That's it for the 2012-2013 installment of Take Me To The Pilots...What a crazy journey it's been...

Take Me To The Pilots '12: ABC's 'Red Widow'
Take Me To The Pilots '12: The CW's 'Cult'
Take Me To The Pilots '12: NBC's 'Next Caller'
Take Me To The Pilots '12: FOX's 'The Following'
Take Me To The Pilots '12: ABC's 'Family Tools'
Take Me To The Pilots '12: NBC's 'Infamous'
Take Me To The Pilots '12: ABC's 'How To Live With Your Parents (For the Rest of Your Life)'
Take Me To The Pilots '12: NBC's '1600 Penn'
Take Me To The Pilots '12: ABC's 'The Zero Hour'
Take Me To The Pilots '12: NBC's 'Do No Harm'
Take Me To The Pilots '12: The CW's 'The Carrie Diaries'
Take Me To The Pilots '12: ABC's 'Malibu Country'
Take Me To The Pilots '12: NBC's 'The New Normal'
Take Me To The Pilots '12: NBC's 'Guys with Kids'
Take Me To The Pilots '12: FOX's 'The Mindy Project'
Take Me To The Pilots '12: CBS' 'Partners'
Take Me To The Pilots '12: ABC's 'Nashville'
Take Me To The Pilots '12: CBS' 'Made in Jersey'
Take Me To The Pilots '12: The CW's 'Emily Owens, M.D.'
Take Me To The Pilots '12: FOX's 'Mob Doctor'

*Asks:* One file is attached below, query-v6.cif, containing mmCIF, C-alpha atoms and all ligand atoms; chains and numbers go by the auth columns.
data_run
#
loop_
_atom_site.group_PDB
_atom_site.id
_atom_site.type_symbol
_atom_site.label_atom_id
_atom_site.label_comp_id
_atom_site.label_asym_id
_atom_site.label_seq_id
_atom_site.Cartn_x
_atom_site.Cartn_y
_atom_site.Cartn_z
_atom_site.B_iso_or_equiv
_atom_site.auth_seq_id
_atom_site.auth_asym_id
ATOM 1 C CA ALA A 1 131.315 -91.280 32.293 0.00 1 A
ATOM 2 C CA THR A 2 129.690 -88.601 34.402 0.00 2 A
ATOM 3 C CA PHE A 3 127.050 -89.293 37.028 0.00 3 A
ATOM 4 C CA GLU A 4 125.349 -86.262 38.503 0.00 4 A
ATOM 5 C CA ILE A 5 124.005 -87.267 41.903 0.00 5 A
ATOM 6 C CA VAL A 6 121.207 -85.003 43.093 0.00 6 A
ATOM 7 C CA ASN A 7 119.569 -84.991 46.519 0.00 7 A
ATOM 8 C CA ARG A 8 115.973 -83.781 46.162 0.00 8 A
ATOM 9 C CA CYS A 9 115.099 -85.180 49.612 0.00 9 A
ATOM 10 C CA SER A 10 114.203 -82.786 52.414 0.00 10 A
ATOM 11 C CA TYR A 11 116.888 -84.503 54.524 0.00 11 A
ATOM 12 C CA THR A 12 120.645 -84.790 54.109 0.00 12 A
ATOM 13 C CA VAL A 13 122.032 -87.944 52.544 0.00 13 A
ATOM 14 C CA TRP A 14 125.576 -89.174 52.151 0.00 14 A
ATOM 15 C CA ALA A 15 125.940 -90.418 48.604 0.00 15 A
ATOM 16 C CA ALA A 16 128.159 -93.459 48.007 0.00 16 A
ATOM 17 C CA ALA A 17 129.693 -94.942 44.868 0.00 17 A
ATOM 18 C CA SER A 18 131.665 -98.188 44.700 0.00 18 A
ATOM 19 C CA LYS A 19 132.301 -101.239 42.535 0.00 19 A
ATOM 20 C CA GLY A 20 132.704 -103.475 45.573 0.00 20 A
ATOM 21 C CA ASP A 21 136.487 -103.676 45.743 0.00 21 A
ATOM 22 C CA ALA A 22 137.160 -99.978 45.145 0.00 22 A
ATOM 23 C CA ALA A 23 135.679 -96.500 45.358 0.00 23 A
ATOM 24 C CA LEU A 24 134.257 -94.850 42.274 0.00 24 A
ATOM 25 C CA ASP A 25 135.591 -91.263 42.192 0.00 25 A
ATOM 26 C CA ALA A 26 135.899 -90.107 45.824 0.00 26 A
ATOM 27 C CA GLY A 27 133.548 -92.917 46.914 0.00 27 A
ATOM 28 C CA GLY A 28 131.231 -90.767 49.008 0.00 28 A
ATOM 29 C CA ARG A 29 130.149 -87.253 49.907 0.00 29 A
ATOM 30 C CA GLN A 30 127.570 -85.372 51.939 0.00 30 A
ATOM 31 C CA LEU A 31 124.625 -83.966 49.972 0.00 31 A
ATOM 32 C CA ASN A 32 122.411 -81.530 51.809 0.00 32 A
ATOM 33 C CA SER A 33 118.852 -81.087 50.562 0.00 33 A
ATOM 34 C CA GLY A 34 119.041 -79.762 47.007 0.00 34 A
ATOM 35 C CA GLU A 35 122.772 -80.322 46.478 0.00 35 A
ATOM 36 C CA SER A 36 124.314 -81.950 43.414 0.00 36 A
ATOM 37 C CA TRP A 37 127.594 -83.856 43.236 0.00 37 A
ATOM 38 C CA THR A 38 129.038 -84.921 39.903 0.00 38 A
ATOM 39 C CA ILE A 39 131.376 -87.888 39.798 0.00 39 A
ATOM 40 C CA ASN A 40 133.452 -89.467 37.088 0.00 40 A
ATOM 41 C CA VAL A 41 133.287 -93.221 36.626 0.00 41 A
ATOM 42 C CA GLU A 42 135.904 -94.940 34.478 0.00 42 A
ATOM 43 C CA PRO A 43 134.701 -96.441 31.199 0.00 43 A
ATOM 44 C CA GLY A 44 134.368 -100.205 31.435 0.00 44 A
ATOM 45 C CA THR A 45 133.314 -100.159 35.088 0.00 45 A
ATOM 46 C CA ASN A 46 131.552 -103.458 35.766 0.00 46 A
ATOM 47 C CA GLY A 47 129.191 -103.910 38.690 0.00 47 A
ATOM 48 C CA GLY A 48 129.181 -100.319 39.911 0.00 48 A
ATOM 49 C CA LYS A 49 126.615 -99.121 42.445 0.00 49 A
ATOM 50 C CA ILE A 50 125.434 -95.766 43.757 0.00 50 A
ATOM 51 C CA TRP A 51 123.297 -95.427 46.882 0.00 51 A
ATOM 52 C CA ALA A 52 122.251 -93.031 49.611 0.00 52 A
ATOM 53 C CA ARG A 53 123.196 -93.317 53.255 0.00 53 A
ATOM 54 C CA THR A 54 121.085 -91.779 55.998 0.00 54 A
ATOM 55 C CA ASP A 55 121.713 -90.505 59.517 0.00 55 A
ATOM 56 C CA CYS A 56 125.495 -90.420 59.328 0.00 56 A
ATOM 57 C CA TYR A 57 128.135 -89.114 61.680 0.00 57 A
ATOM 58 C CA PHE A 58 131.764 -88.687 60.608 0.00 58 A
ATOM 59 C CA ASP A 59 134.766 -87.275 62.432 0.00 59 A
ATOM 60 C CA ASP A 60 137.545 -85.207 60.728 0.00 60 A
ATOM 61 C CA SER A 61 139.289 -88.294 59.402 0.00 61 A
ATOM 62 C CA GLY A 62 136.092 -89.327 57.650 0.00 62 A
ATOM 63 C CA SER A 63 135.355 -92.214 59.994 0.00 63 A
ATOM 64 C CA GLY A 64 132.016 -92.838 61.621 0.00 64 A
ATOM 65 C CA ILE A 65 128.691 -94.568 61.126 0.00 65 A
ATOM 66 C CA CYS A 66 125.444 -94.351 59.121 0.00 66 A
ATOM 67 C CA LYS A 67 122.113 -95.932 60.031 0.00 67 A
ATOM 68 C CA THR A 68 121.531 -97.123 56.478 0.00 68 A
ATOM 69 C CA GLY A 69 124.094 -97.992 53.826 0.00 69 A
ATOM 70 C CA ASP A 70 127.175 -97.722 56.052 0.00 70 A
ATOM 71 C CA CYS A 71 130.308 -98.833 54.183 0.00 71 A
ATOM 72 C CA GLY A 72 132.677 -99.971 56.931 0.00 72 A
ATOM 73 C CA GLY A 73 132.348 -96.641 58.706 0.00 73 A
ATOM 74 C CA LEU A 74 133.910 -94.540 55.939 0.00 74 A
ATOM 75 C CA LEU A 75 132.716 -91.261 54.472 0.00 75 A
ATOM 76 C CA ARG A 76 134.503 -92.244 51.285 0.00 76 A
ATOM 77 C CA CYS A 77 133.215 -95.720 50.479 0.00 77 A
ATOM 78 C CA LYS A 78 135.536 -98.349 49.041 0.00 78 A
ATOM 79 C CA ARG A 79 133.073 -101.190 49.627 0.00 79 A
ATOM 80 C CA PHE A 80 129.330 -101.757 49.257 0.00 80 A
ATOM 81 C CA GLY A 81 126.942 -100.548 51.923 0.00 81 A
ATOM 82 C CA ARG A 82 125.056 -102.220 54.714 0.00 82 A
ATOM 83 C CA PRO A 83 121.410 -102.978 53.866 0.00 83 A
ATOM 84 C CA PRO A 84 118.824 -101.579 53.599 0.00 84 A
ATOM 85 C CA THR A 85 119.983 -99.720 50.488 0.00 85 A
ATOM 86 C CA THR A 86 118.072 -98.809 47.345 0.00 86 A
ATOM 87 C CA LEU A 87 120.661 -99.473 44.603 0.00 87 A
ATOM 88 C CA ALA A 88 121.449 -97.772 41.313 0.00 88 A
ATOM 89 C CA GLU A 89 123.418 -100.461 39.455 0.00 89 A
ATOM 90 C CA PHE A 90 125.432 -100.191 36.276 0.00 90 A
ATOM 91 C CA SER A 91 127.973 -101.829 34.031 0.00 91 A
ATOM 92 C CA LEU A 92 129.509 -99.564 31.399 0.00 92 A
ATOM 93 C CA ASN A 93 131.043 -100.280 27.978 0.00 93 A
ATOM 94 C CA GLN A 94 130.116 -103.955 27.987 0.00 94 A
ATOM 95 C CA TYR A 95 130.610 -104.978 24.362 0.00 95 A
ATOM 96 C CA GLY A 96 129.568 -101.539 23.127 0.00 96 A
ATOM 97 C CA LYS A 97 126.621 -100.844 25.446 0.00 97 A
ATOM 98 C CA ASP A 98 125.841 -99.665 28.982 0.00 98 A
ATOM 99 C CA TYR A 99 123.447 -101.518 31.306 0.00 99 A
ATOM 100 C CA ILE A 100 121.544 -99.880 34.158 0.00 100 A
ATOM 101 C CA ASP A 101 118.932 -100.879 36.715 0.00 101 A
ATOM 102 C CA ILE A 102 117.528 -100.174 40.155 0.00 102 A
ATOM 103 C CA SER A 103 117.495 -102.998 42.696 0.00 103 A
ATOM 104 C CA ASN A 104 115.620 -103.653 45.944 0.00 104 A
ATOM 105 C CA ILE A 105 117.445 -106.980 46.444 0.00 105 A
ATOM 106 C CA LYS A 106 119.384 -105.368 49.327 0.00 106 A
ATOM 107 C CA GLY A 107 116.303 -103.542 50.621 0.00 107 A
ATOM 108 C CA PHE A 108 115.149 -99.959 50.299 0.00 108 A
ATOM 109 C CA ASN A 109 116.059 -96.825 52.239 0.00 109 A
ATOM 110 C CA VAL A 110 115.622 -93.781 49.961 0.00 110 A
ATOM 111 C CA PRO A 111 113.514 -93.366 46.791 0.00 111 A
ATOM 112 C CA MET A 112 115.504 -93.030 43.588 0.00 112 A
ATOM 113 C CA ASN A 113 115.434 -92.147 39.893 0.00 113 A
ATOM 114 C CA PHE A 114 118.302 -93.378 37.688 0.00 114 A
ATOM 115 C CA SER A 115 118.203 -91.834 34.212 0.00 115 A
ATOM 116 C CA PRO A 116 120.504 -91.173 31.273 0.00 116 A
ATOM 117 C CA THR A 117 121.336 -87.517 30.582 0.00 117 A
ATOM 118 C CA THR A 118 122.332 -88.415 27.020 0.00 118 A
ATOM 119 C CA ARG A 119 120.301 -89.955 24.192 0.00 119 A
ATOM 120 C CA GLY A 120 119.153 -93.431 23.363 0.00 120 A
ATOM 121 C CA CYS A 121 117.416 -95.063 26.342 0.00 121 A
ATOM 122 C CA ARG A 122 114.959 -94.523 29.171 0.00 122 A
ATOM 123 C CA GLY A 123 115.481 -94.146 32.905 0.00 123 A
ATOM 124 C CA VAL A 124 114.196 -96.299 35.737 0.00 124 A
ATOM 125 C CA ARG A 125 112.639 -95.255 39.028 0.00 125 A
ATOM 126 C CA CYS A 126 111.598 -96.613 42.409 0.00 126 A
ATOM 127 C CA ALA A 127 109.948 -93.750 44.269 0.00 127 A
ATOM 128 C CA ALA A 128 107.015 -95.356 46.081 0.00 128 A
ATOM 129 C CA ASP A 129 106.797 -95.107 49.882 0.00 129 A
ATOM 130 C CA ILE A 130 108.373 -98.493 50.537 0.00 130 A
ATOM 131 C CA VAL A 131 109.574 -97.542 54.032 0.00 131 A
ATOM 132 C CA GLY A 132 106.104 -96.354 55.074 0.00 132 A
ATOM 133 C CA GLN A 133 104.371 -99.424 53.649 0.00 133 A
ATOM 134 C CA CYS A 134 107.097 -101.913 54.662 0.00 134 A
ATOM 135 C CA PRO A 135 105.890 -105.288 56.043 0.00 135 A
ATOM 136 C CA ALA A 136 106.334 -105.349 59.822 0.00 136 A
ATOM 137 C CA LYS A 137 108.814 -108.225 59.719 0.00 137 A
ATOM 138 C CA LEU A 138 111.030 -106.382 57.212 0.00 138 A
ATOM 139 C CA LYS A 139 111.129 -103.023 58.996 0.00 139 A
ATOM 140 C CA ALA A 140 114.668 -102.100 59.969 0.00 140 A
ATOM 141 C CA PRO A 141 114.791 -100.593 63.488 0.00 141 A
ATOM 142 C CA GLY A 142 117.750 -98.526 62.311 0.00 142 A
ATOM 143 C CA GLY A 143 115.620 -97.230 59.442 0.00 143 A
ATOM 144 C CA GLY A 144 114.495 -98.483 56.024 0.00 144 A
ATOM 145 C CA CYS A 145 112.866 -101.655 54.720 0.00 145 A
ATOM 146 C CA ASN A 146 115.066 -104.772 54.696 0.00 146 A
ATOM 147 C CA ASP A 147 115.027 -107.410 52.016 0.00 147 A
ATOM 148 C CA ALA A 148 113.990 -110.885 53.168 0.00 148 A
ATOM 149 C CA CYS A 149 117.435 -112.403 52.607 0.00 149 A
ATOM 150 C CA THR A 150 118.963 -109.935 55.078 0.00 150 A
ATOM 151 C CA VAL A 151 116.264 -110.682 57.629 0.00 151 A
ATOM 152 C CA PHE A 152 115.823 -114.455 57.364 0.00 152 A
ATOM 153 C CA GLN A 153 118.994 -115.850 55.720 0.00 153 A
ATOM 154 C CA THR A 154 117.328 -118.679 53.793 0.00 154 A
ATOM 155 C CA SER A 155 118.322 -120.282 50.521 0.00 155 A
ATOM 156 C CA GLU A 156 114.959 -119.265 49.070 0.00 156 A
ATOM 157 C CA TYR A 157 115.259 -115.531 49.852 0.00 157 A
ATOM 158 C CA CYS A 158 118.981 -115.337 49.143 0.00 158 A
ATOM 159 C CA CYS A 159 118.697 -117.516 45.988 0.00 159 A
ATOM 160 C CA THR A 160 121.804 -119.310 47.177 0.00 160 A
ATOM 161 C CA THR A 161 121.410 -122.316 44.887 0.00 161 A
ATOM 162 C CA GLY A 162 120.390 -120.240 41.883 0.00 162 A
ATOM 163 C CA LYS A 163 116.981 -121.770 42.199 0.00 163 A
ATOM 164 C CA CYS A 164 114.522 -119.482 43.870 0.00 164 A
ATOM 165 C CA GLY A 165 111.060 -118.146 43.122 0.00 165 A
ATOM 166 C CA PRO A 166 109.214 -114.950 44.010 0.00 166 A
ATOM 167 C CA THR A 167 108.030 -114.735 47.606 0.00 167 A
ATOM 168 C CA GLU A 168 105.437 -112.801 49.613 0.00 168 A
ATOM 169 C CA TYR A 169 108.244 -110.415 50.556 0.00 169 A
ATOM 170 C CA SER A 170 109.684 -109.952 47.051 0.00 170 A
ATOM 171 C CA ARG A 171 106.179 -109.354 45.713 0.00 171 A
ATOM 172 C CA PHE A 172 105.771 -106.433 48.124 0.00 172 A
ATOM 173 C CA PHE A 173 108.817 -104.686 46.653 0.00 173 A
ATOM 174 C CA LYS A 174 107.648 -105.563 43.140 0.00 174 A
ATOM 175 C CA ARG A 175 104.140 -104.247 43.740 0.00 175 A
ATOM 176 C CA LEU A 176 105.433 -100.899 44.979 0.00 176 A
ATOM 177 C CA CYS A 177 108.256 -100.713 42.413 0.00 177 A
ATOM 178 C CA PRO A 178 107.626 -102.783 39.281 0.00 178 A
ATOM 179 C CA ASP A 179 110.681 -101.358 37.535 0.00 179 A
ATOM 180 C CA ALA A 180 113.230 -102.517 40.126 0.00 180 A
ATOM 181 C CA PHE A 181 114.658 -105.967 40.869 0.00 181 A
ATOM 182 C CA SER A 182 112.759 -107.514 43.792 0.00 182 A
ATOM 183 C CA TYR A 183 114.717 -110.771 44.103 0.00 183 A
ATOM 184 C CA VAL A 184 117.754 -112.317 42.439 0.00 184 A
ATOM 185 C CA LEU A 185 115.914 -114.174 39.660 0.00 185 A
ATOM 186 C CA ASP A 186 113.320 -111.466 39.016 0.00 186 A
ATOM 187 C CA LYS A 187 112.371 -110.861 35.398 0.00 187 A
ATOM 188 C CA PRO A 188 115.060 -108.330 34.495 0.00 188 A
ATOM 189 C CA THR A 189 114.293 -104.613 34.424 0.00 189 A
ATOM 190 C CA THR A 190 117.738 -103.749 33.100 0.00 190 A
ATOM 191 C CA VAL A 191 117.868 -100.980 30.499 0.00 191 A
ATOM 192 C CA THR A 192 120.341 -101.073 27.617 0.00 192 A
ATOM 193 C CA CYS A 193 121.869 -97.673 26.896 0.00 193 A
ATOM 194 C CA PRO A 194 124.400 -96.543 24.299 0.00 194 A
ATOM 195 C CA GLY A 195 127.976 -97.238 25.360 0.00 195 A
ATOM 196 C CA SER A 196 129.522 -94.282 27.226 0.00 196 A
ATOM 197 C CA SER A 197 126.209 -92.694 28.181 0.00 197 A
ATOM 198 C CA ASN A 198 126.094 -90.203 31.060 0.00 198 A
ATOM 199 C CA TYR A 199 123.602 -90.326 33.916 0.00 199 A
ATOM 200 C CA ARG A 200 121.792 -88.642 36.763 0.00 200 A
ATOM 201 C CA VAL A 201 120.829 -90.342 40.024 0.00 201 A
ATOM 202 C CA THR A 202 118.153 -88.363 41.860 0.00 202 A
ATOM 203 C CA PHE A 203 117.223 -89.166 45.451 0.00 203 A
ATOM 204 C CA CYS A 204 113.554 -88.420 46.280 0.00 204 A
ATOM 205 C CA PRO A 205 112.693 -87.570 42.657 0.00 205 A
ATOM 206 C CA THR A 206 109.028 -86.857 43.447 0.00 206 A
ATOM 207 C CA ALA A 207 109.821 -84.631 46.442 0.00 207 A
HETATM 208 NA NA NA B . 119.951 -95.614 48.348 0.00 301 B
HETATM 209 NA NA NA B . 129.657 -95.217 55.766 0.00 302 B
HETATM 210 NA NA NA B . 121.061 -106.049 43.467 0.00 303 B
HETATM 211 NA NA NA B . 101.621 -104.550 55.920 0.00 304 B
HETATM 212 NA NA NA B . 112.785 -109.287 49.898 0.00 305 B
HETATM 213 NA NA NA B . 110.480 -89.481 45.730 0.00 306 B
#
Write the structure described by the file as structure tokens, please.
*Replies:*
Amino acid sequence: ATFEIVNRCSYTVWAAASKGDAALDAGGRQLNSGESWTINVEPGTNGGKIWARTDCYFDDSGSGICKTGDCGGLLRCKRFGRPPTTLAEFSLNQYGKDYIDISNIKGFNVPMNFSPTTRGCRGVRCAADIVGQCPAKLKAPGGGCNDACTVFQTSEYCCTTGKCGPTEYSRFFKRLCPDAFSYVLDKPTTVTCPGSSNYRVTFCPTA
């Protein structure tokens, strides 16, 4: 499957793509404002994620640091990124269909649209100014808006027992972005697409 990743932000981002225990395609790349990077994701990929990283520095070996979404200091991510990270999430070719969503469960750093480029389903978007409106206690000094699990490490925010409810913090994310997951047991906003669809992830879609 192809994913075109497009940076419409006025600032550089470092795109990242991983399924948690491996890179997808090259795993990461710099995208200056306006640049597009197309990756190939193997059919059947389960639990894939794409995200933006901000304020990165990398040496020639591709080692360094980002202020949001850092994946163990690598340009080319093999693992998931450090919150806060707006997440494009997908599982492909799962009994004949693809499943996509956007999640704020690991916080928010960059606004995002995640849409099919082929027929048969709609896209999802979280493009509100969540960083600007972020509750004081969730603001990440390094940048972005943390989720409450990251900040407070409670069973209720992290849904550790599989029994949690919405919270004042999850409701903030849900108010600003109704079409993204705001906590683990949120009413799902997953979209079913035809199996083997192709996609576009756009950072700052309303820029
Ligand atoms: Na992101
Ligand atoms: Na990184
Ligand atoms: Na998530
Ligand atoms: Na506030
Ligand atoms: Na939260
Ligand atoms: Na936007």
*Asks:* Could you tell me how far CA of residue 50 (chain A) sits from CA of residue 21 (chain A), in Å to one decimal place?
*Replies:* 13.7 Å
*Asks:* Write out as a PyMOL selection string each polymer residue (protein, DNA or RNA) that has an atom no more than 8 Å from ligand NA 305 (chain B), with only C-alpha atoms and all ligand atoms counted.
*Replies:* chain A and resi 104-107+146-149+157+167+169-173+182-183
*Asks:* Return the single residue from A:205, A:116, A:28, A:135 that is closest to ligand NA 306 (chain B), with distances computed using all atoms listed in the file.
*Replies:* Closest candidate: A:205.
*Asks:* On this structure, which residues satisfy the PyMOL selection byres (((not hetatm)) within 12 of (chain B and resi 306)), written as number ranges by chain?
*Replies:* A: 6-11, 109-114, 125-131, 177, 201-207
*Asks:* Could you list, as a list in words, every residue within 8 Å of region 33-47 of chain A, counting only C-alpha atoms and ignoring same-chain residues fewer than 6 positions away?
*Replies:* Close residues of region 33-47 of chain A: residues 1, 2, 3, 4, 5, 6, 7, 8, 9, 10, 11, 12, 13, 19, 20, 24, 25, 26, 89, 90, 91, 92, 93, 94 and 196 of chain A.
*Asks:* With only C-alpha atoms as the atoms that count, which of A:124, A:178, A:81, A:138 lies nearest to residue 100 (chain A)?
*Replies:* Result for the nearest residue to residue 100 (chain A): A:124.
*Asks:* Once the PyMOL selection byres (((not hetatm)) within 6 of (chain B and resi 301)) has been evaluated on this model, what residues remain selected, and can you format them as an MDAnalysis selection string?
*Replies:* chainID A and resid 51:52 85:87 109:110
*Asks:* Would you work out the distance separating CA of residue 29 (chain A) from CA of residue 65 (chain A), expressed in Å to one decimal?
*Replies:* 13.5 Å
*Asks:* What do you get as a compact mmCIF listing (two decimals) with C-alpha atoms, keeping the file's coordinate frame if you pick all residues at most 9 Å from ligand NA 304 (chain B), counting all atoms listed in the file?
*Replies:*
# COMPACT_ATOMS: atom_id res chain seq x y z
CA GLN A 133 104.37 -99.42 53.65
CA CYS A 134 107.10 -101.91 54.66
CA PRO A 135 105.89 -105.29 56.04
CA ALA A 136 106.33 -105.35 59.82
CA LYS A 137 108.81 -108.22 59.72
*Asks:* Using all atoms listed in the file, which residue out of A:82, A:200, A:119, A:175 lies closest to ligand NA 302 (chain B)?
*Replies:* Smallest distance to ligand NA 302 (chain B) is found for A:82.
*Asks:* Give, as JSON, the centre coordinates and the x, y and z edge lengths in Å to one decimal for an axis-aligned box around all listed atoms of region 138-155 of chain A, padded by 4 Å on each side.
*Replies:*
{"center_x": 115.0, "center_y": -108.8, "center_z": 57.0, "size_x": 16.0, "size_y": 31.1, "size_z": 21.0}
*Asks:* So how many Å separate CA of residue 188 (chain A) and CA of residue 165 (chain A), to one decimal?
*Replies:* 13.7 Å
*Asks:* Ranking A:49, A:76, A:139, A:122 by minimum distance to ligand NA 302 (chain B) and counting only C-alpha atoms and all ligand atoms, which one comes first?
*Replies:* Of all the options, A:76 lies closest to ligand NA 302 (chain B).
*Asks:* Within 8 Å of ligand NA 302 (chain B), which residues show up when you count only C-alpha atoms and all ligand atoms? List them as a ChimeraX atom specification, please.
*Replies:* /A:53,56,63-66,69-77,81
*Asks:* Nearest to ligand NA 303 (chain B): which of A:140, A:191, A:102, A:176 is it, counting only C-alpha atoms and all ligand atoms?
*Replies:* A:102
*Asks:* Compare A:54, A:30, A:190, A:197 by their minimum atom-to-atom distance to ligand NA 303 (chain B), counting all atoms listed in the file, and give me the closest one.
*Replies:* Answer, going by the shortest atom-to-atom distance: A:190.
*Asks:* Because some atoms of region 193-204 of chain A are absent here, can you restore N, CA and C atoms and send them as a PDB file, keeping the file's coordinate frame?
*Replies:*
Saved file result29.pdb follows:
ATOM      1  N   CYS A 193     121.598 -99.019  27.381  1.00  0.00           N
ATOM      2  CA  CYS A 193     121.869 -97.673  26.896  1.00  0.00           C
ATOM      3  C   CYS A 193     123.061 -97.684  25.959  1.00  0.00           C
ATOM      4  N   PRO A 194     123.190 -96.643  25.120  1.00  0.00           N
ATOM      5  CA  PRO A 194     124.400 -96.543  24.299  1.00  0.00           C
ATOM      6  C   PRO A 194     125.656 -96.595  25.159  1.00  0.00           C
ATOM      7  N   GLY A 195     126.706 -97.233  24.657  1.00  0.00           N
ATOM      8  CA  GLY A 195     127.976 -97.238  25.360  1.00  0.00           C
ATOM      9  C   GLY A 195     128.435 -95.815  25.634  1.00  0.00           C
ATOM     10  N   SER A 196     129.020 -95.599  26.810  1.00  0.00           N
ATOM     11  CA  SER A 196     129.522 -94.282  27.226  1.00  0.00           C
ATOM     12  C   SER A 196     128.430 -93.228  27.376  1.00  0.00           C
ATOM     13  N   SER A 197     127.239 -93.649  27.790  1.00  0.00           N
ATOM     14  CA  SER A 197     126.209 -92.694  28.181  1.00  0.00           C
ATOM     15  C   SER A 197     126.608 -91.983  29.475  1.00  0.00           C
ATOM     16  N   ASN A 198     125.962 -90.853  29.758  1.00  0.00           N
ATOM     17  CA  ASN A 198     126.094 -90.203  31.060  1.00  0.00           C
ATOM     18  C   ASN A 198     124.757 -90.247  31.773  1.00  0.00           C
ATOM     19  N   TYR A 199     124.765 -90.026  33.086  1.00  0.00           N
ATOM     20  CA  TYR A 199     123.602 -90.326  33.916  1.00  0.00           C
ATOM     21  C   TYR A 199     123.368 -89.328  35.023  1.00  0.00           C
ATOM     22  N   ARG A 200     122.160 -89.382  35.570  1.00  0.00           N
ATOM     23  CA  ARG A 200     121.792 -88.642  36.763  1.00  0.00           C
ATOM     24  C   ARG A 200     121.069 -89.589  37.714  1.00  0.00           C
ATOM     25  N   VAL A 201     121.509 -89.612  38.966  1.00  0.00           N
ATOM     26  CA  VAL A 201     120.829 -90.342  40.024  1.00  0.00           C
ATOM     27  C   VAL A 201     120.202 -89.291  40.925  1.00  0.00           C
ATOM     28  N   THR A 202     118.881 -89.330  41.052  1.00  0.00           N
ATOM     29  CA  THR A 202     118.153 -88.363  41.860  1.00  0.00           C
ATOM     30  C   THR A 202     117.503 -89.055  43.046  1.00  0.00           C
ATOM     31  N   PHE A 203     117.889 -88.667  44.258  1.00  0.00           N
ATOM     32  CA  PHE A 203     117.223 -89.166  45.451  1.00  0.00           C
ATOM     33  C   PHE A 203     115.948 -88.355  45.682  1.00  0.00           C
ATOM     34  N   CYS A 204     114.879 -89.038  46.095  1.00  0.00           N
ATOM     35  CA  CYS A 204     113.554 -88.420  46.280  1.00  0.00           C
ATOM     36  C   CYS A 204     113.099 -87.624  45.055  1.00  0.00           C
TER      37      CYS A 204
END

Take Me To The Pilots '12: NBC's 'Animal Practice'
Take Me To The Pilots '12: ABC's 'Last Resort'
Take Me To The Pilots '12: CBS' 'Vegas'
Take Me To The Pilots '12: The CW's 'Beauty & The Beast'
Take Me To The Pilots '12: ABC's '666 Park Avenue'
Take Me To The Pilots '12: NBC's 'Chicago Fire'
Take Me To The Pilots '12: FOX's 'Ben and Kate'
Take Me To The Pilots '12: CBS' 'Elementary'
Take Me To The Pilots '12: The CW's 'Arrow'
Take Me To The Pilots '12: ABC's 'The Neighbors'
Take Me To The Pilots '12: NBC's 'Revolution'
All of last year's Take Me To The Pilots entries

 

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<p>Olga Kurylenko and Ben Affleck in &quot;To the Wonder.&quot;</p>

Olga Kurylenko and Ben Affleck in "To the Wonder."

Credit: Magnolia Pictures

Magnolia to release Malick's 'To the Wonder' in 2013

The film has had a rocky reception since premiering earlier this month

Arguably no film has suffered a steeper fall on the autumn festival circuit than Terrence Malick's "To the Wonder." The usually slow-working director's unexpectedly prompt follow-up to last year's Palme d'Or winner "The Tree of Life" entered the Venice Film Festival, together with Paul Thomas Anderson's "The Master," as its prime attraction. By the time it moved on to Toronto, however, many critics seemed to be wishing he'd taken a little more time. 

The Venice premiere was by no means disastrous. Inevitably, as with "The Tree of Life" at Cannes, some boos greeted the closing credits at its morning press screening, and were swiftly, even gleefully blown out of proportion by the media, but it had its fair share of admirers, too -- of which I was one. (Indeed, I'm one of the very few who thinks the film a step up from "Tree.") The Toronto reception, however, was rockier: with expectations already dampened by the mixed advance word from Europe, a lot of critics positively seemed to revel in sticking the boot in, while claims to the effect of "Malick's worst film" rapidly became consensus.